Sportsmen’s Report Highlights Oil Shale’s Risks to Western Water, Fish and Wildlife Habitat
DENVER – Commercial oil shale development in Utah, Wyoming and Colorado would require large volumes of water, threatening Western water supplies and jeopardizing fish and wildlife, according to a report released Thursday by Sportsmen for Responsible Energy Development.
According to the report, “Water Under Pressure: What Oil Shale Could Mean for Western Water, Fish and Wildlife,” a commercial oil shale industry would ultimately affect river flows and the habitat of native fish. Several important Western rivers – the Green, Colorado, White, Uintah and Duchesne – and the sportsmen who depend on them stand to see significant impacts from large-scale production. Whether it’s endangered and threatened species or the great trout fisheries beloved by anglers across the West, reduced stream flows will have negative repercussions for fish, sportsmen and the region’s outdoors-dependent economy.
An economically viable technology to turn kerogen – a precursor to oil – into a usable fuel is unproven, and the scope of the potential environmental impacts is unclear. But the Government Accountability Office estimates that industrial-scale oil shale production could require as much as 123 billion gallons of water – enough water for a city of more than 750,000 homes. Roads, new power plants and transmission lines would have to be built, causing significant land disturbances and further carving up wildlife habitat already pressured by oil and gas drilling.
The risk of water quality degradation from this intensive development is high and will require significant oversight, according to the report. Other potential risks include competition between current and new water users. The diversion of water from agriculture to industrial use could harm fisheries because between 10 and 40 percent of the water diverted for farms and ranches eventually flows back to the streams.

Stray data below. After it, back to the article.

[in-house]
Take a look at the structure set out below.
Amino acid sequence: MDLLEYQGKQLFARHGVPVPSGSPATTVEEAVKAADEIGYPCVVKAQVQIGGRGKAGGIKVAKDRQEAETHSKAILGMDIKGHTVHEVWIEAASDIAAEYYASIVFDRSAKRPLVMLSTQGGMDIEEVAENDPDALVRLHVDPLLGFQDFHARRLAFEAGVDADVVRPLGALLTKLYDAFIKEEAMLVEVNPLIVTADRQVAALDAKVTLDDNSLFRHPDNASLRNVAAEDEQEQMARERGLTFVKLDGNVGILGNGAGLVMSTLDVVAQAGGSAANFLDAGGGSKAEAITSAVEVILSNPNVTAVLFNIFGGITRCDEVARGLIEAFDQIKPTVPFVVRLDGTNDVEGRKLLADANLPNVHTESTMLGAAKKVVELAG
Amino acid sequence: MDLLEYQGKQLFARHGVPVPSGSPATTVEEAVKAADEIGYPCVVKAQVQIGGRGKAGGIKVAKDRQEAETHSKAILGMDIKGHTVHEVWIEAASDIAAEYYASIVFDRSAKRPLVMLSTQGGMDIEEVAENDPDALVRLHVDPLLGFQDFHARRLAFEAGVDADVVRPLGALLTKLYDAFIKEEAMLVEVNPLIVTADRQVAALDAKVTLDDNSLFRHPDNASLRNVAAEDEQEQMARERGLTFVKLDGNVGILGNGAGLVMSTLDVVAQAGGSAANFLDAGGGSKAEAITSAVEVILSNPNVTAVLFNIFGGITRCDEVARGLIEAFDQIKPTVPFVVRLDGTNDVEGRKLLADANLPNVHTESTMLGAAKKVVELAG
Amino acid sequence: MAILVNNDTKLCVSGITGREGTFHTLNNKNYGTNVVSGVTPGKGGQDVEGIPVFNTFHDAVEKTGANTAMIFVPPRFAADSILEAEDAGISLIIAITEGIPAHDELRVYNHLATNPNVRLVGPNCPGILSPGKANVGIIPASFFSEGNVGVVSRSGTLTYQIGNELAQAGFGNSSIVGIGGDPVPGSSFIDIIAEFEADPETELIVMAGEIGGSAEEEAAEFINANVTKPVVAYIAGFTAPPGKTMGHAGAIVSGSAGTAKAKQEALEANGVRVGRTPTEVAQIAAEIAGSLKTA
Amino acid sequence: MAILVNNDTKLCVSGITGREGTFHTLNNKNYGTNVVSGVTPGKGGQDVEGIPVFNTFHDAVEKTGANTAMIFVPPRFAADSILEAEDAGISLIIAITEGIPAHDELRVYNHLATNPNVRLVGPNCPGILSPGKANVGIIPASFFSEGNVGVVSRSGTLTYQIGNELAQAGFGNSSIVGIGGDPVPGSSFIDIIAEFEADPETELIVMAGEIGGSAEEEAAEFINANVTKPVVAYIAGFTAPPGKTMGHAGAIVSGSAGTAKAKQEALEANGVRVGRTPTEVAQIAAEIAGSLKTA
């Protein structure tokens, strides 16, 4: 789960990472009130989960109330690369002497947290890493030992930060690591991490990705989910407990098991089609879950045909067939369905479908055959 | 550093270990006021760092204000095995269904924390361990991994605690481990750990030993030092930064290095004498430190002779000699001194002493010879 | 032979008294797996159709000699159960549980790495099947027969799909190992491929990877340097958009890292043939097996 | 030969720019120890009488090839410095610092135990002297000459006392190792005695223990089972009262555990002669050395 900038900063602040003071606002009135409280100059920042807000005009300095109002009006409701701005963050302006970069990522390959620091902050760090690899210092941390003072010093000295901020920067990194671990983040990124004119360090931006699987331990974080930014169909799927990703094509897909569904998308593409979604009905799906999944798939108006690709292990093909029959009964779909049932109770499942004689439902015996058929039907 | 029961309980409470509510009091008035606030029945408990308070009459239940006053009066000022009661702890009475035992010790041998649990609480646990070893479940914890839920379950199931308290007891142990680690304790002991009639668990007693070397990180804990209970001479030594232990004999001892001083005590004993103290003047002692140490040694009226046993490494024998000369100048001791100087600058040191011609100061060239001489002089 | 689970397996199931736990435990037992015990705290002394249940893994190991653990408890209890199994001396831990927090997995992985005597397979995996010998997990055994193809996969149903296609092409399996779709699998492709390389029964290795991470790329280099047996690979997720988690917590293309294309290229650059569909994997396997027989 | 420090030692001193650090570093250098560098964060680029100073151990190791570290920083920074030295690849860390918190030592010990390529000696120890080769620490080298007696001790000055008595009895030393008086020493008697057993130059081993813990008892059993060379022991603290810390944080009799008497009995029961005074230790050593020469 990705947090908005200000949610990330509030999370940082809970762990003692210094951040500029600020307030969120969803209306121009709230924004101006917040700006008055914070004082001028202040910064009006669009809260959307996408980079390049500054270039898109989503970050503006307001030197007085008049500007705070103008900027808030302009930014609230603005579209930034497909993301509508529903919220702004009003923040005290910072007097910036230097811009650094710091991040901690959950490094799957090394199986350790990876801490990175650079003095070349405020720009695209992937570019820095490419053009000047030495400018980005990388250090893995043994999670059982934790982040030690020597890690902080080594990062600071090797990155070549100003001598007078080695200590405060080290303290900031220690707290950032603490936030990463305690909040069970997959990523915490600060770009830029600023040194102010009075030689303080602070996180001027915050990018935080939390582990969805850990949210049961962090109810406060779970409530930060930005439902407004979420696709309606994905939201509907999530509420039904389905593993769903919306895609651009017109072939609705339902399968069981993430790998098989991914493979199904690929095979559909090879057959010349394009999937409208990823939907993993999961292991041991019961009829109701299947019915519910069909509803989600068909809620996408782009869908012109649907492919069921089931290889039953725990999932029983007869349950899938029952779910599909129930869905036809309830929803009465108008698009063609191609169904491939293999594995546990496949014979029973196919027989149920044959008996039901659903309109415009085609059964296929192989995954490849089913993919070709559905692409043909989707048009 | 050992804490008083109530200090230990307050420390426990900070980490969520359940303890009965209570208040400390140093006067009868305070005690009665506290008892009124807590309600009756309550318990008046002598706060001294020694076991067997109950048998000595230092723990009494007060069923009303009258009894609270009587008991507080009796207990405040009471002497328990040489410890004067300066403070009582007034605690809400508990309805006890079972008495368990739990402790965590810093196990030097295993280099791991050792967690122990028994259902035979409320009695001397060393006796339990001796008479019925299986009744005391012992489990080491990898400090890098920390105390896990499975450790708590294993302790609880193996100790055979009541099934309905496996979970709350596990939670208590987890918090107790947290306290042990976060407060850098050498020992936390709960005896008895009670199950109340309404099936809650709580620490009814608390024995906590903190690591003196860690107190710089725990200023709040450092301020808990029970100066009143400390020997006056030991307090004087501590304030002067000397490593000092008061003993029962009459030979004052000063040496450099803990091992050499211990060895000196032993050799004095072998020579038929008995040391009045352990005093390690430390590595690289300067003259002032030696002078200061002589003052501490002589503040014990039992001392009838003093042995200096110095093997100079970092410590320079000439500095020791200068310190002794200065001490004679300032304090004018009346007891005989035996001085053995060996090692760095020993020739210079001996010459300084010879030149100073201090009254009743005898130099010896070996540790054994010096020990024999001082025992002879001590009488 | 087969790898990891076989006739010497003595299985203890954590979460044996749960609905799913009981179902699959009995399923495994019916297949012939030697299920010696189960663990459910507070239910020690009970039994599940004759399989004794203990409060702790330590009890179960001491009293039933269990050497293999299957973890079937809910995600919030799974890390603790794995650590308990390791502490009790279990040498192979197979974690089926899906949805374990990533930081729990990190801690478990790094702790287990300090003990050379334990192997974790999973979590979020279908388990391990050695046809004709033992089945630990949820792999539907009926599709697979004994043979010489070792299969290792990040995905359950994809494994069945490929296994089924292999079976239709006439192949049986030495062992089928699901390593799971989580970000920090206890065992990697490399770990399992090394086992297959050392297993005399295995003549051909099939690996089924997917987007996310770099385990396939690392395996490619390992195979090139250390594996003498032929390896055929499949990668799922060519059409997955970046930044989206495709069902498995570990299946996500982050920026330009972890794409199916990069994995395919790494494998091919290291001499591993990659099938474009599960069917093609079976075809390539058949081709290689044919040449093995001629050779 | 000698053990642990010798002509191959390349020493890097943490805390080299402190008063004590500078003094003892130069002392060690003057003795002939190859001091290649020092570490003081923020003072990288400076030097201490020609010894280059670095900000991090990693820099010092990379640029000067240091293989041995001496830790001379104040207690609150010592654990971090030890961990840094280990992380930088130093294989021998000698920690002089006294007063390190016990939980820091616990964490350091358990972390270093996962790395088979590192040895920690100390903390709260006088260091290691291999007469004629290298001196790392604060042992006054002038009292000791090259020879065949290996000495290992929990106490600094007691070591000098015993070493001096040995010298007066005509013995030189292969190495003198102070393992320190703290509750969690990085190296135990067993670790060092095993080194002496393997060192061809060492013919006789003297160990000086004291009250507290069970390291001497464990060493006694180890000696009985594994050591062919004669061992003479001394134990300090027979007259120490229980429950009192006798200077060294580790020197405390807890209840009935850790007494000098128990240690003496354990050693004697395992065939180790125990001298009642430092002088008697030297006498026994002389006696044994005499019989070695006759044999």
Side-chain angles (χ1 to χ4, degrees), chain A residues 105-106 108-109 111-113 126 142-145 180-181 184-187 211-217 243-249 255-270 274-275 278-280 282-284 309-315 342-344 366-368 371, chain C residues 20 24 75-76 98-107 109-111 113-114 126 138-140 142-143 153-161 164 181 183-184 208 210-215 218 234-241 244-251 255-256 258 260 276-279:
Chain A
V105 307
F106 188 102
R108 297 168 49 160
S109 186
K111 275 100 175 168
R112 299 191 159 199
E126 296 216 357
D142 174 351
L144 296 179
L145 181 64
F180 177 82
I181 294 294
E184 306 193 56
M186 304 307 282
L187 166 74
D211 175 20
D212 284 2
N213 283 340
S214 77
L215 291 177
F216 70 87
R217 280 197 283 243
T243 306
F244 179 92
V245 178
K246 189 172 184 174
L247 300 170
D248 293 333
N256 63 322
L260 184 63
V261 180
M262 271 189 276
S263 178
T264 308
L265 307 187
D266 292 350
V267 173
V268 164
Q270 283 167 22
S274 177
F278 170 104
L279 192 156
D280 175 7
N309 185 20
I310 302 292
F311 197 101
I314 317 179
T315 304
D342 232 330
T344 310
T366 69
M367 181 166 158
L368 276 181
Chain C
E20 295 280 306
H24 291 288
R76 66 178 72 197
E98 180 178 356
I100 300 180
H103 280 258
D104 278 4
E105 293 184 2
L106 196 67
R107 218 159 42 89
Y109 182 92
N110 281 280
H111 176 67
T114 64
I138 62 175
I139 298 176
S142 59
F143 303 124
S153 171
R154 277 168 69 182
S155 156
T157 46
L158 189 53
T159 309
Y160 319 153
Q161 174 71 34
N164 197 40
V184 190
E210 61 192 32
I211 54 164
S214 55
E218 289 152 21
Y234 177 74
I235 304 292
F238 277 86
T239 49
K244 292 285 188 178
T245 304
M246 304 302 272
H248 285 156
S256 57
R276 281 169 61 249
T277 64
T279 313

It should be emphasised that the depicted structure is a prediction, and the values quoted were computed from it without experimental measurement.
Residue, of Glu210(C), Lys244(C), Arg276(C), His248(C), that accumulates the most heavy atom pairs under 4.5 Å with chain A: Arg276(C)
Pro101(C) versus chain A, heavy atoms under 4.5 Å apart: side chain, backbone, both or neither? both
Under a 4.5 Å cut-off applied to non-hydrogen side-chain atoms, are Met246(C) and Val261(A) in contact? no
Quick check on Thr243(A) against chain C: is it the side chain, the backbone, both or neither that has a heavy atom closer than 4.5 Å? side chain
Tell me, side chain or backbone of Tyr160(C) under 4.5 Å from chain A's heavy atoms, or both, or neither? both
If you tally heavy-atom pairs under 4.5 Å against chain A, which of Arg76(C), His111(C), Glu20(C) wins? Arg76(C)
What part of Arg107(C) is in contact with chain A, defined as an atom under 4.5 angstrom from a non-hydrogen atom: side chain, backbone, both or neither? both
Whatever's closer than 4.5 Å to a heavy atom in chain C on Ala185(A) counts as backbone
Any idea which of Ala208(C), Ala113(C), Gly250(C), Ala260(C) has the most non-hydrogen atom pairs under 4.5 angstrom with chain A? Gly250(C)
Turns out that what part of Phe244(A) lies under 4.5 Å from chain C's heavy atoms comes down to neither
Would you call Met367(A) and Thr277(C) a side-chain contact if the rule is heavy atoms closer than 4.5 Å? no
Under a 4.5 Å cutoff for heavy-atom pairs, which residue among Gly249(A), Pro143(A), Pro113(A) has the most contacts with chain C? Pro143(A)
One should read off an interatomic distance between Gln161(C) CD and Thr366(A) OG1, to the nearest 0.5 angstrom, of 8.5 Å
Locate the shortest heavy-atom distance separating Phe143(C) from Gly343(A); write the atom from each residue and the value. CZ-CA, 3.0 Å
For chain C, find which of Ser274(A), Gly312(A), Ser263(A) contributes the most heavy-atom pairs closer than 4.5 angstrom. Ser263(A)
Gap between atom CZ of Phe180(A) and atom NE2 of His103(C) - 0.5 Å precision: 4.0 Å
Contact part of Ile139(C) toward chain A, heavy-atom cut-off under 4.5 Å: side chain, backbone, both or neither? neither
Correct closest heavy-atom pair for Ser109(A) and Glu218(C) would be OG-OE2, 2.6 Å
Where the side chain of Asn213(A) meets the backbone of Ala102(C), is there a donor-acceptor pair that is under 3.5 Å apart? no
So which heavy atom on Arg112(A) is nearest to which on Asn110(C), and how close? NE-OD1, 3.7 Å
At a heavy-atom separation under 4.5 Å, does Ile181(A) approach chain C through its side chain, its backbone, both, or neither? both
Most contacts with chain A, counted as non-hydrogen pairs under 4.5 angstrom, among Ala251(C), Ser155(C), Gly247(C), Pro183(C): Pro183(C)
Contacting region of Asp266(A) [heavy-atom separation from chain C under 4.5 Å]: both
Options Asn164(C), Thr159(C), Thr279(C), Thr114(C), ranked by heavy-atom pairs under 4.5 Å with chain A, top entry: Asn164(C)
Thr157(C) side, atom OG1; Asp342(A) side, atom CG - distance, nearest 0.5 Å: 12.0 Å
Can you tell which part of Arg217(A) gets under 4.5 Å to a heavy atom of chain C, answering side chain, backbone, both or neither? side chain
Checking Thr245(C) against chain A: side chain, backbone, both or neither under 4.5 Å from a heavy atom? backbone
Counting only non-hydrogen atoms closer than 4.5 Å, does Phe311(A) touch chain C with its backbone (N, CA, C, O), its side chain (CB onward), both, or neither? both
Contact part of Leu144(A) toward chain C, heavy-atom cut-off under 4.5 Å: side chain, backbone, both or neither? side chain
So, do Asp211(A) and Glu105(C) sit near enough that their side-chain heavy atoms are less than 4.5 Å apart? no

The 1922 compact that allocates water from the Colorado River among seven Western states means the impacts of commercial oil shale production would be felt beyond the immediate area.
“All Colorado River Basin water users together already use more water in an annual average year than the river produces. Predictions for the future show the imbalances between supplies and demands getting worse as the region’s population grows,” wrote Melinda Kassen, the report’s author and a water attorney and consultant.
“For a resource that lies in the midst of the semi-arid West, with sparse precipitation and few large rivers, it is not clear where the water would come from or how it would affect fish and wildlife,” said Brad Powell, senior policy director for Trout Unlimited’s Sportsmen’s Conservation Project. “With the region’s water supply already strained and facing continued population growth, finding another increment of water for oil shale, while protecting native and sport fisheries, may be an insurmountable challenge.”
Additional research will be needed to determine whether or not oil shale is economically and environmentally feasible.
“Oil shale is a high-risk development on our public lands, with the greatest risk to our limited water supplies and important habitats for fish and wildlife,” said Powell. “The cautious approach outlined in the BLM’s recent decision, which focuses research and development on less sensitive lands, is prudent and helps ensure that our precious waters and habitats in the West will not be impacted until we learn more about the viability of the commercial development of oil shale.”
The National Wildlife Federation, the Theodore Roosevelt Conservation Partnership and Trout Unlimited are lead partners in the SFRED coalition.
Sportsmen for Responsible Energy Development is a coalition of more than 500 businesses,
organizations and individuals dedicated to conserving irreplaceable habitats so future generations can hunt and fish on public lands.
Katherine K. McKalip
Director of Media Relations
Theodore Roosevelt Conservation Partnership